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Moths

When we think of moths we generally think of the ones that we see at night when a light is on, but it’s actually the species of moths that we don’t typically see that are the problem when it comes to keeping your clothes and carpets safe. But don’t worry! We’ve got everything you need, from top tips to tried-and-tested moth-ridding products, to help you protect your home from the devastating damage caused by fabric-feeding moths.

A hidden problem

It’s not actually the moths that eat your clothes, it’s the larvae, making them very hard to spot until it’s too late and you see the tell-tale holes in your favourite sweater and soft furnishings. Each female moth can lay up to 200 eggs at a time, and each larvae takes between 2 to 9 months to mature into a moth… that’s a lot of time for them to munch on your belongings!

Dark, warm places like wardrobes and airing cupboards provide the perfect breeding ground for these unwelcome visitors, and with winters becoming warmer and our homes being consistently warm throughout the year, clothes moths are thriving and becoming a year-round problem in many households.

Know your enemy

It’s important to know the type of moth to look out for, as the ones you see flying around your home and bashing into light bulbs are perfectly harmless (even if you find their erratic, fluttery flight paths and tendency to head straight towards you a bit unnerving!). Here are the two main culprits…

Common/webbing clothes moths

Only about 6-10mm long, common clothes moths are much smaller than the big, fluttery moths you see flying around your home. And the larvae (the ones that cause all of the damage) are tiny – just 1mm long when they hatch – so they’re even harder to spot, though they do leave a cobweb-like trail in their wake. Lovely.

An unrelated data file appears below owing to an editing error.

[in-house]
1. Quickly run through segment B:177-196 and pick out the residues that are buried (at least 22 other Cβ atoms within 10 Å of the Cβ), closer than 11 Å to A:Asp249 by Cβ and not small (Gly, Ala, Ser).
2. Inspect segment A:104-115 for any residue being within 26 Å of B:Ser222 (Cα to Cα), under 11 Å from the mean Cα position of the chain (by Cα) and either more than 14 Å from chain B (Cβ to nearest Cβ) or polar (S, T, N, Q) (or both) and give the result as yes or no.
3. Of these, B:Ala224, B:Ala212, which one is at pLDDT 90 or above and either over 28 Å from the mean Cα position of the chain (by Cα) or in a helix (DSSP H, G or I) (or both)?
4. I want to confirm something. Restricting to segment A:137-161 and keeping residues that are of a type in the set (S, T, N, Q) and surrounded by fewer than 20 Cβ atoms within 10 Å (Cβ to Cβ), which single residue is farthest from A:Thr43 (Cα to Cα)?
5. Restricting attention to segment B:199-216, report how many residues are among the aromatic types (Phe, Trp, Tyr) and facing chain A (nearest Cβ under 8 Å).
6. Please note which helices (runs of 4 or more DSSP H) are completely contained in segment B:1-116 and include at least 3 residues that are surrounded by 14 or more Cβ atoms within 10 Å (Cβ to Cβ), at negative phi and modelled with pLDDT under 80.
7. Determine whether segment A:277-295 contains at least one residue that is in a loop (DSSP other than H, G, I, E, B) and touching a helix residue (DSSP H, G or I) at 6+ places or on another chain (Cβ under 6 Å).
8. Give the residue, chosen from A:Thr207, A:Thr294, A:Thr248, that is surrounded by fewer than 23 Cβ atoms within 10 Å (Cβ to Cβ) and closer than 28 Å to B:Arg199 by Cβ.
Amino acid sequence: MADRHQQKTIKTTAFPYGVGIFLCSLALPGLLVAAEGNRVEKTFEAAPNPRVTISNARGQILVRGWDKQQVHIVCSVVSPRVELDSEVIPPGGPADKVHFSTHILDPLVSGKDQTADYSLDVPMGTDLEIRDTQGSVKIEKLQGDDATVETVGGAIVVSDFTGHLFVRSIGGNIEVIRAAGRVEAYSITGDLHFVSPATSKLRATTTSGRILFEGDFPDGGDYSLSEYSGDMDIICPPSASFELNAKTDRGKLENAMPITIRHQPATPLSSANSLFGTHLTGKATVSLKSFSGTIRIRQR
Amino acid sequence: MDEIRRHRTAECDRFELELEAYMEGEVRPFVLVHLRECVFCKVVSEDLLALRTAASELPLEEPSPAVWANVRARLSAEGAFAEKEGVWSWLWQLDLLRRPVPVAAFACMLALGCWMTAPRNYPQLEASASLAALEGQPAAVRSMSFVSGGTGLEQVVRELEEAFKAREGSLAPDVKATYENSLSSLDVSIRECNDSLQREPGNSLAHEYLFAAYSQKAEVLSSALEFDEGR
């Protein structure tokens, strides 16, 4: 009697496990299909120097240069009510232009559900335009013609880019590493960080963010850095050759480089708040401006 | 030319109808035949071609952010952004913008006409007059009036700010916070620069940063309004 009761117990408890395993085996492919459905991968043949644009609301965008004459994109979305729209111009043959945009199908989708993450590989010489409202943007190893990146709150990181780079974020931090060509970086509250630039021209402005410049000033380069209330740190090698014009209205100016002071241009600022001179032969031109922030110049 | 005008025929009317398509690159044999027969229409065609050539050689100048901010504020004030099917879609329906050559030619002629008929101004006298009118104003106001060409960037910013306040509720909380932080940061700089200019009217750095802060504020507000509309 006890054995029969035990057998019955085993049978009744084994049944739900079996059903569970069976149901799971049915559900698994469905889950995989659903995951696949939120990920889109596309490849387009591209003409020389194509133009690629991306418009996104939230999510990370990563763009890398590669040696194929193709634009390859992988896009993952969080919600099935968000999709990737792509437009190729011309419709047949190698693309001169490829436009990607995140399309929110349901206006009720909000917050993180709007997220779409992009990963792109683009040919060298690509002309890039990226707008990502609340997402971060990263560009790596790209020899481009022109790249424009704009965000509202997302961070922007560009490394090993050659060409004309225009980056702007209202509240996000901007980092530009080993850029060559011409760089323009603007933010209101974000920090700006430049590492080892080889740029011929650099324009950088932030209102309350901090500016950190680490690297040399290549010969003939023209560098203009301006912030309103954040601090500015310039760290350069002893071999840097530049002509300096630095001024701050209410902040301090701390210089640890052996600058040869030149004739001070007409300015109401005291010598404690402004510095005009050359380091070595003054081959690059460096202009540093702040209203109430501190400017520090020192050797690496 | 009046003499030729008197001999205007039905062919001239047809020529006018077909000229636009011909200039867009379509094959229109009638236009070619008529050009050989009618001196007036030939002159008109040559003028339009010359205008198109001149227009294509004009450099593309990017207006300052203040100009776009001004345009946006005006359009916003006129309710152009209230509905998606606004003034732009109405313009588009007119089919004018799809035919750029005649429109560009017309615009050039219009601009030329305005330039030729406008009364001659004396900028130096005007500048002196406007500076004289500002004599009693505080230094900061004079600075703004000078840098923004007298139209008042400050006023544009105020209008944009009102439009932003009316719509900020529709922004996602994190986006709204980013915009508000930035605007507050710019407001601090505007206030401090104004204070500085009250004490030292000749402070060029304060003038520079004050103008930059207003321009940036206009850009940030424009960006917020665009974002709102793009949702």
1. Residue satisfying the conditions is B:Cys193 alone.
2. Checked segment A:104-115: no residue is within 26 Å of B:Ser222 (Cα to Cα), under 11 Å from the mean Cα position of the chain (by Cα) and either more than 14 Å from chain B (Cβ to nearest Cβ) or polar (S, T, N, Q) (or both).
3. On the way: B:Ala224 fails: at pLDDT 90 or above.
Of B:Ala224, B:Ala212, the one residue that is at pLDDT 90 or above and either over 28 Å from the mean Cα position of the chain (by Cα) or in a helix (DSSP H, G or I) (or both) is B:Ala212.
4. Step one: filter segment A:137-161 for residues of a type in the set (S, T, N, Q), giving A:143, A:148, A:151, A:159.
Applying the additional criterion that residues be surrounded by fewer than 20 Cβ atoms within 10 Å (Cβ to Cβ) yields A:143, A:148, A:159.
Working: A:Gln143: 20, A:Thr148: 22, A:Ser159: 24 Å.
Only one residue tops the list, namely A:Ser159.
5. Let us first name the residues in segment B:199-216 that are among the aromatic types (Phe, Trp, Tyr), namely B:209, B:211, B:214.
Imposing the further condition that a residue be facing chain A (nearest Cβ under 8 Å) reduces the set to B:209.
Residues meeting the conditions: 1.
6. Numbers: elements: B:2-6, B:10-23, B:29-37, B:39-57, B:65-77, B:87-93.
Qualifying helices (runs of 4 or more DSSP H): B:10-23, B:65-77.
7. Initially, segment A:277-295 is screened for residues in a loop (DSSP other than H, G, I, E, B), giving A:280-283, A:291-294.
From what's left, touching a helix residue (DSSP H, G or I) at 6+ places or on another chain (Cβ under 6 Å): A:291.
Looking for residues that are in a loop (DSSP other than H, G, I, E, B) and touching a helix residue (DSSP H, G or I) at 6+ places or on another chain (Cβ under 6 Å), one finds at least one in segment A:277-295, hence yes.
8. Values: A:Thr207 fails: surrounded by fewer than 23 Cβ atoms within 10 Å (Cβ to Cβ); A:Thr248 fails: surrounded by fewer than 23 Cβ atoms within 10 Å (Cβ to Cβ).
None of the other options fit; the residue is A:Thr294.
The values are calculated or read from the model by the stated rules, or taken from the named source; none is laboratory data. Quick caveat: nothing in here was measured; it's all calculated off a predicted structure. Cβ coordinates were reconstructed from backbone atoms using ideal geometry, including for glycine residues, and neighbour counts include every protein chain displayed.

Case-bearing clothes moths

Similar to the common clothes moth, the case-bearing clothes moth is very small. The main difference is that the larvae creates a case using the fibres from the clothes it munches on, effectively camouflaging itself and therefore making it harder to spot – until you see the tell-tale holes…

How do clothes moths get into your home?

Clothes moths can’t fly very far – in fact, some of them don’t fly at all, preferring to scuttle about –  so it’s highly unlikely that they will fly in through open windows. Couple that with their expensive tastes – they favour natural fibres like wool, cashmere and silk rather than synthetic textiles – and it makes sense that antique rugs, jumpers from the charity shop and second-hand furnishings are the most likely culprits for new moth infestations. Spray any second-hand garments or soft furniture to kill off any eggs or larvae, and you’ll stand a better chance of preventing clothes moths moving into your home.

How to protect your home

Wardrobes and drawers

  •  long-lasting protection against moths and – more importantly – their eggs and larvae, they’re scented with natural oils of lavender (a natural moth deterrent) to leave your garments with a lovely fragrance as well as free of holes.
  • It’s also recommended that you shake your clothes every day. Clothes moths don’t like disturbances, so shaking the clothes in your wardrobe will help prevent them from settling in and laying eggs.
  • Hoovering the inside of your wardrobe (bases and sides) also helps to eliminate any larvae or eggs.

Carpets and soft furnishings

  • When vacuuming your carpet, use the crevice tool to get right up to the edges, as this often-missed area is a favourite hideout for moths and their hungry young.
  • Hoover underneath your furniture too, as a moth invasion could easily build up undetected in these hidden spaces.
  • Spray cushions, curtains, throws and carpets. Effective on carpets and fabrics for up to 3 months, it kills moths and their eggs and larvae, leaves behind a pleasant lavender fragrance, and also works on carpet beetles, silverfish and dastardly dust mites.

Seasonal storage

  • Stash away seasonal items safe in the knowledge that they’ll be protected in– a safe way to store winter woollies or delicate silks.
  • Spray garments before putting them away in the wardrobe or in storage bags.
  • We don’t suggest using our moth sprays on silk so, if you’re worrying about a moth infestation, pop delicate garments into a bag before putting them in your freezer for 3-4 days to kill off any larvae and eggs, and then store them in a protective clothes bag.

For more information go to Optical Facilities on how we can help you.

Or alternatively go to Optical Pest Control.